When Ronaldo Morphed
In keeping with the festive cheer, this writer brings to you a retelling of a seminal moment in the history of football – the Christmas gift of being privileged to watch on in awestruck wonder as a scrawny young man from Madeira steadily reshaped himself to become a ‘monster’, a whirling torpedo of dizzying footwork, unbridled pace and what he has now become synonymous with – goals.
It was the night of the 23rd of December that year. Aston Villa played hosts to Manchester United at Villa Park, the site of historical moments in the club’s history. How fitting that it welcomed a Ronaldo on the cusp of glory. Sitting first, the visitors started well, Ronaldo flitting from wing to wing in his white out boots. About 15 minutes in, he saunters off the pitch, motioning for a change of boots. White for black was the switch as Ronaldo went for pragmatism over beauty. In many ways, the evolution was captured in that moment – it is perhaps a stick used to flog his near disregard for the more beautiful facets of the game in favour of application yet this is what is required.
This writer once had the privilege to engage in some twitter discourse with the esteemed Jonathan Wilson (currently digesting the nuggets, no, the buffet of information that is his award winning ‘Inverting the Pyramid’) about the essence of professional football. Having climbed down from a position that this writer ashamedly accepts was erroneous, there is no doubting the competitiveness and the quest for results that professional football is about. No, not enjoyment and entertainment – if you want guaranteed gleeful gallivanting, attend the ballet. It is the score, the victory, the silverware; the pride in knowing “I am the best”. Ronaldo, in many ways began to realise that and it was this month that this writer regards as that in which he truly started to become the goal per game forward he is today.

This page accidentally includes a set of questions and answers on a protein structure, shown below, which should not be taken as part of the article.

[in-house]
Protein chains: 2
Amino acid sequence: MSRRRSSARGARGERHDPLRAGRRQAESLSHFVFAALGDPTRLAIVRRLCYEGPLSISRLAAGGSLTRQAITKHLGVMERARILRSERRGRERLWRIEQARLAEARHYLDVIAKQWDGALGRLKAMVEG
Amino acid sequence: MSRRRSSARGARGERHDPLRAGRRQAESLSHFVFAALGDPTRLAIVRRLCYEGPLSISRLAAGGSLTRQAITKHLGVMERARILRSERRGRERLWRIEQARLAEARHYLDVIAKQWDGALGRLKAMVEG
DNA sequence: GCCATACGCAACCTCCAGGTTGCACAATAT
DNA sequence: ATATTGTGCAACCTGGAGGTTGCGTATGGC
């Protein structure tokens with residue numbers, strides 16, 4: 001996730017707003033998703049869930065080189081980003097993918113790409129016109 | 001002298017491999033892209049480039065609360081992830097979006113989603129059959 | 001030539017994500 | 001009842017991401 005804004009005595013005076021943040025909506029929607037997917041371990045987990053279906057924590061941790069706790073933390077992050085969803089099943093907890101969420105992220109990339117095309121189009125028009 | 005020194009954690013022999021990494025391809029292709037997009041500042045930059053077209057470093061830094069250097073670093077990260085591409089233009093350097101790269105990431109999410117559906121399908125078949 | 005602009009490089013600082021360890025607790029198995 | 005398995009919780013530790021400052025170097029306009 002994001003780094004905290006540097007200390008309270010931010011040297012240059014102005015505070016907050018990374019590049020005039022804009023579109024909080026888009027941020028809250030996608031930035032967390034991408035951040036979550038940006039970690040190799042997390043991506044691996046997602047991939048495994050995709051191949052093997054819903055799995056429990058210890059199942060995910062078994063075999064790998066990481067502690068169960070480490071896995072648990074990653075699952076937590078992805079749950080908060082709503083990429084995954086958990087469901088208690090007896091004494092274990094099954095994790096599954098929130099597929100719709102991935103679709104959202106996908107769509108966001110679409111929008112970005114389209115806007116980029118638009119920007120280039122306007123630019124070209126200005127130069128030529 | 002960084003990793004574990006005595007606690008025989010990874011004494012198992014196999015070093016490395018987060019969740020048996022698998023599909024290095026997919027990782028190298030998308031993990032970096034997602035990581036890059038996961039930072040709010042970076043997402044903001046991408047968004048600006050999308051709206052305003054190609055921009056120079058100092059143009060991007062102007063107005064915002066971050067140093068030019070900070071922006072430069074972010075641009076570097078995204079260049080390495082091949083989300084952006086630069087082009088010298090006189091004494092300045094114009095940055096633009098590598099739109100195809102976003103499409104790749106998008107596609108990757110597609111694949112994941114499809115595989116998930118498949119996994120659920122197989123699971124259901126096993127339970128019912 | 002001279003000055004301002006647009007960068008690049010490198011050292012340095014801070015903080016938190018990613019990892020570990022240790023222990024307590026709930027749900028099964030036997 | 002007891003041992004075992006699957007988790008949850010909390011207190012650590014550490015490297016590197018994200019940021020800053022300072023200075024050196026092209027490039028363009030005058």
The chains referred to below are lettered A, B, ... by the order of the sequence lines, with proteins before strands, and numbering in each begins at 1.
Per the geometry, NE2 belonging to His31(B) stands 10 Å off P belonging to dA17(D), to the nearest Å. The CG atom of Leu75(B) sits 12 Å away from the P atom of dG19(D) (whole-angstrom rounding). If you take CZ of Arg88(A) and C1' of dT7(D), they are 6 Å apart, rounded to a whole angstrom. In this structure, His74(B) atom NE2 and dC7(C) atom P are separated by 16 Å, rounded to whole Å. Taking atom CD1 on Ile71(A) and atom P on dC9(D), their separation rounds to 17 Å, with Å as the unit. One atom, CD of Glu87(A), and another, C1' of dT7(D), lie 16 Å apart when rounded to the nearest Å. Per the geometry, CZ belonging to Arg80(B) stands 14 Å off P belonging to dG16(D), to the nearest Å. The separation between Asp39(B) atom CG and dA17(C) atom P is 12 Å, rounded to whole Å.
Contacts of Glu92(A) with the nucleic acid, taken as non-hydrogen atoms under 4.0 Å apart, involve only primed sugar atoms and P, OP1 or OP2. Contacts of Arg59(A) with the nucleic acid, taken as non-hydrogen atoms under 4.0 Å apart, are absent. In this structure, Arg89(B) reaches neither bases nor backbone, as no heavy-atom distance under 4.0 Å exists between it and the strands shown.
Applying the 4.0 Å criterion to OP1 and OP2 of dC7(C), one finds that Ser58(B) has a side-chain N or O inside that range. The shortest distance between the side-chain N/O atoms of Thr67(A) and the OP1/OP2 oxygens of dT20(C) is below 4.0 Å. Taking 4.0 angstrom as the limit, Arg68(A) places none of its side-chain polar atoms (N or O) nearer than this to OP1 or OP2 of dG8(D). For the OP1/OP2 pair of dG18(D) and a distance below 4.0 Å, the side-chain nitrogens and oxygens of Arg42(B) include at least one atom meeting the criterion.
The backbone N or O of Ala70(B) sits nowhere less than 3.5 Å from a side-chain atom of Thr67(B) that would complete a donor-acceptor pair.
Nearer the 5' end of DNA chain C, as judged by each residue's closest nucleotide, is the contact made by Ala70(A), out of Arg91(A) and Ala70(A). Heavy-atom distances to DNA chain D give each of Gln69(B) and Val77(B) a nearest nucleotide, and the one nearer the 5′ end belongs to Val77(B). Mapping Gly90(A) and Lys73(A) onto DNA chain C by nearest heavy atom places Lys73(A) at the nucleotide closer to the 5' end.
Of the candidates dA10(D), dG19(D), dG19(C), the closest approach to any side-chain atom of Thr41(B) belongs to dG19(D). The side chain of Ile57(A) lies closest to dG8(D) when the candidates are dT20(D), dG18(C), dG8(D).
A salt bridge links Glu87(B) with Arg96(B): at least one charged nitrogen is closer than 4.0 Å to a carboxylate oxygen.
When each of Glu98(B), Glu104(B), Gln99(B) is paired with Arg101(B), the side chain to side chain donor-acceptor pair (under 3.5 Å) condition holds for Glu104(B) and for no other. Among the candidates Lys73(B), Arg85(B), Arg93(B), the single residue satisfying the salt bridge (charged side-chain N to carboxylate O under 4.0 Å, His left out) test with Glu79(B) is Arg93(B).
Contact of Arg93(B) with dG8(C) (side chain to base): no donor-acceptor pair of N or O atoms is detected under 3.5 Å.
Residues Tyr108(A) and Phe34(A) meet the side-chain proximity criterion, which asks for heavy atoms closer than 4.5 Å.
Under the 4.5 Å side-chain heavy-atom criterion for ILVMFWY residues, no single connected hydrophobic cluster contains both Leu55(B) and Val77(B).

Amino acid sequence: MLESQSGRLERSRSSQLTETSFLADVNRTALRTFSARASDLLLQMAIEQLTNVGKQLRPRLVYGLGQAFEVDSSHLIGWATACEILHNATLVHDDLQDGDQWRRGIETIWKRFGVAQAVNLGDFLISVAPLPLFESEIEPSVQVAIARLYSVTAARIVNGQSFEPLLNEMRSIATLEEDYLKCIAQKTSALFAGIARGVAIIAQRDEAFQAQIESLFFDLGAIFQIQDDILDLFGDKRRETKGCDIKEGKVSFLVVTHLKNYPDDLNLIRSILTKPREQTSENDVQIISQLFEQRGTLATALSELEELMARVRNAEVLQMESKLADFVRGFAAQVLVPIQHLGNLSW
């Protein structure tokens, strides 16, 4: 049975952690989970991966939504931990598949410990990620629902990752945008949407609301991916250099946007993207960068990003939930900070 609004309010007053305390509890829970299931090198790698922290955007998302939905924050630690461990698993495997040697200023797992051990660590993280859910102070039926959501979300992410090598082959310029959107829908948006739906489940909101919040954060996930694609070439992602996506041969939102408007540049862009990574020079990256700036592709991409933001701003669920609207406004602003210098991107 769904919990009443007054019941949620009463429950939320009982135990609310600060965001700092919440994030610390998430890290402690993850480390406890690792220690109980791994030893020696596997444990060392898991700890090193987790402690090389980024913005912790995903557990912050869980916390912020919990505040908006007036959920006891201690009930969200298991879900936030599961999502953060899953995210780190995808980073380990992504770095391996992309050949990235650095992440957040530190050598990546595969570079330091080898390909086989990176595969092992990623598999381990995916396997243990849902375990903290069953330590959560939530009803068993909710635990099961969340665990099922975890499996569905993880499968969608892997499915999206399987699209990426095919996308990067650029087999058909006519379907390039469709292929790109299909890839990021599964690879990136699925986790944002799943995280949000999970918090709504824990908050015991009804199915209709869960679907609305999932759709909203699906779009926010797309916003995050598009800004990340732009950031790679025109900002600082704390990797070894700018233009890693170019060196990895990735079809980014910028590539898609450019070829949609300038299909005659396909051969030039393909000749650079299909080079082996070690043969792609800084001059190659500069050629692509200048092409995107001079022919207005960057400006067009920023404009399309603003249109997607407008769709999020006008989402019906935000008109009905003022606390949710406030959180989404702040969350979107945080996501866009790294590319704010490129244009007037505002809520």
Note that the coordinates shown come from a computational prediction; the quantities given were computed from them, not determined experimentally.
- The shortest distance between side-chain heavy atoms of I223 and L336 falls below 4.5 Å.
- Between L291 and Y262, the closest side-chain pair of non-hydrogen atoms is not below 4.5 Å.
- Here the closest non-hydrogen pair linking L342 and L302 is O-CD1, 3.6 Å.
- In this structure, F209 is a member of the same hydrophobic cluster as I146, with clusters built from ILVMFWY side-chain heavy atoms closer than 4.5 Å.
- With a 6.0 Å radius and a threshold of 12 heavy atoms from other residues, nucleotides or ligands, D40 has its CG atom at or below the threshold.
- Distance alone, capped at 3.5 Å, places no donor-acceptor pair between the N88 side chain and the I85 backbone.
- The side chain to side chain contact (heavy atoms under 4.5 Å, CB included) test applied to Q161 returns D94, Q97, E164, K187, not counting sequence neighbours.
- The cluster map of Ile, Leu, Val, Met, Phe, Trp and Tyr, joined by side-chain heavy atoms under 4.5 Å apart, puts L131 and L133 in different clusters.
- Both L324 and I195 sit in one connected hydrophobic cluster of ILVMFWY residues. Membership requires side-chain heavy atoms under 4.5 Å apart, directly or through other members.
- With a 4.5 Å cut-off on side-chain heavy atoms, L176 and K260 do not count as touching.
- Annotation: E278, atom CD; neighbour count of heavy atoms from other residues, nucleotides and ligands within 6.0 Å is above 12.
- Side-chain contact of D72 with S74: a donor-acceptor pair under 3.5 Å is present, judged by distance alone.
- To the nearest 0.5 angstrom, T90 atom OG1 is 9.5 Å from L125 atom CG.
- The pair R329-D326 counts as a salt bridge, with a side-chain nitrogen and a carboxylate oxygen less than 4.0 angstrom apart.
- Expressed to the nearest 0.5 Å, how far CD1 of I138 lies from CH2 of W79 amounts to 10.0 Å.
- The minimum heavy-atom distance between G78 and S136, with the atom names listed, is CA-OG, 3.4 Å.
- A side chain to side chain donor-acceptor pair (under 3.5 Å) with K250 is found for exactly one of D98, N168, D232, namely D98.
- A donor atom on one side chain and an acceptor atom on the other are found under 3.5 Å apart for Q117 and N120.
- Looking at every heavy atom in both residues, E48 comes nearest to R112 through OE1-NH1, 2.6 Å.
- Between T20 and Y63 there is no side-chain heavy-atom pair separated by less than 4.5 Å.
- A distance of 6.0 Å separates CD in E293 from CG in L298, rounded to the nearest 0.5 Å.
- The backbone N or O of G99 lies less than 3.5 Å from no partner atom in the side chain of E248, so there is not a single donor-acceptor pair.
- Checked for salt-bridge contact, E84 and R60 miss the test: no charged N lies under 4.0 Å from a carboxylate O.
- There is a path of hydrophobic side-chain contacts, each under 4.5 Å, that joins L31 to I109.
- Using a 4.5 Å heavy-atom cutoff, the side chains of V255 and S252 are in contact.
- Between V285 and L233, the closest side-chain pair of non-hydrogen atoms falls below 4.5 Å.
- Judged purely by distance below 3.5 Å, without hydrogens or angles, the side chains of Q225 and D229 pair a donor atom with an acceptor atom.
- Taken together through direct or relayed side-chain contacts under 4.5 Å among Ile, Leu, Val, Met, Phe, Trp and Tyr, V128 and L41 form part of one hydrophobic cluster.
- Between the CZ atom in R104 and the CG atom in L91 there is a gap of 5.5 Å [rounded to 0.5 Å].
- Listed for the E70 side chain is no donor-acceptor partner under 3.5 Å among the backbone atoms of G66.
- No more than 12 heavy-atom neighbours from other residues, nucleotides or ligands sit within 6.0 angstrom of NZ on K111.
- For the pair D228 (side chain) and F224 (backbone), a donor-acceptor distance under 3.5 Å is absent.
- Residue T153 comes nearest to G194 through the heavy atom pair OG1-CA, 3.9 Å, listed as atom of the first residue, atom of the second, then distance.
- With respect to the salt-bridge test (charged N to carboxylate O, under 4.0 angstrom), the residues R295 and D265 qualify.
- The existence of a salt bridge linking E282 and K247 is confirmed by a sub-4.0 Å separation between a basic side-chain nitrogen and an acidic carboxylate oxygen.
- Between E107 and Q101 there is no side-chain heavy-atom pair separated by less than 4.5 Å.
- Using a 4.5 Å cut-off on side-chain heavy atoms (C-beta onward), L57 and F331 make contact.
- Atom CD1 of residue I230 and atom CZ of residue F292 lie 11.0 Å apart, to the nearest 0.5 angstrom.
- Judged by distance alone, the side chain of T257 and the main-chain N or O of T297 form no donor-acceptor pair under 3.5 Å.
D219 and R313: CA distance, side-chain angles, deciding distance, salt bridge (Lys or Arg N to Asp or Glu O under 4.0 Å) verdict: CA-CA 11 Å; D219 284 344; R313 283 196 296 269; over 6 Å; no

That day, as boos ferociously rained down from the stands, the Portuguese winger set about doing his business. A few runs here and there were enough to keep the Villa defence on their toes. After all, they were playing the league leaders with the most recent Barclays Player of the Month in their ranks and certainly looking in the mood. His first of the night showcased everything about the new Ronaldo – direct, powerful, ruthless and most of all, decisive. Picking up the ball just inside his half, he set off on a trademark dribble, breezing past one player before coming up against the fast backpedalling defence. Jinking to his left, he unbalanced them, feinted to shoot thus creating space for a shot before unleashing one just in the ‘D’. The low shot blocked, the rebound fortunately fell to him on the edge of the box and he duly dispatched an arrow into the right corner of the net. Having given us the lead, he wrapped up the victory with a tap in at the far post, showcasing a poacher’s instinct which has rapidly brought him goals beyond what any ever could have imagined.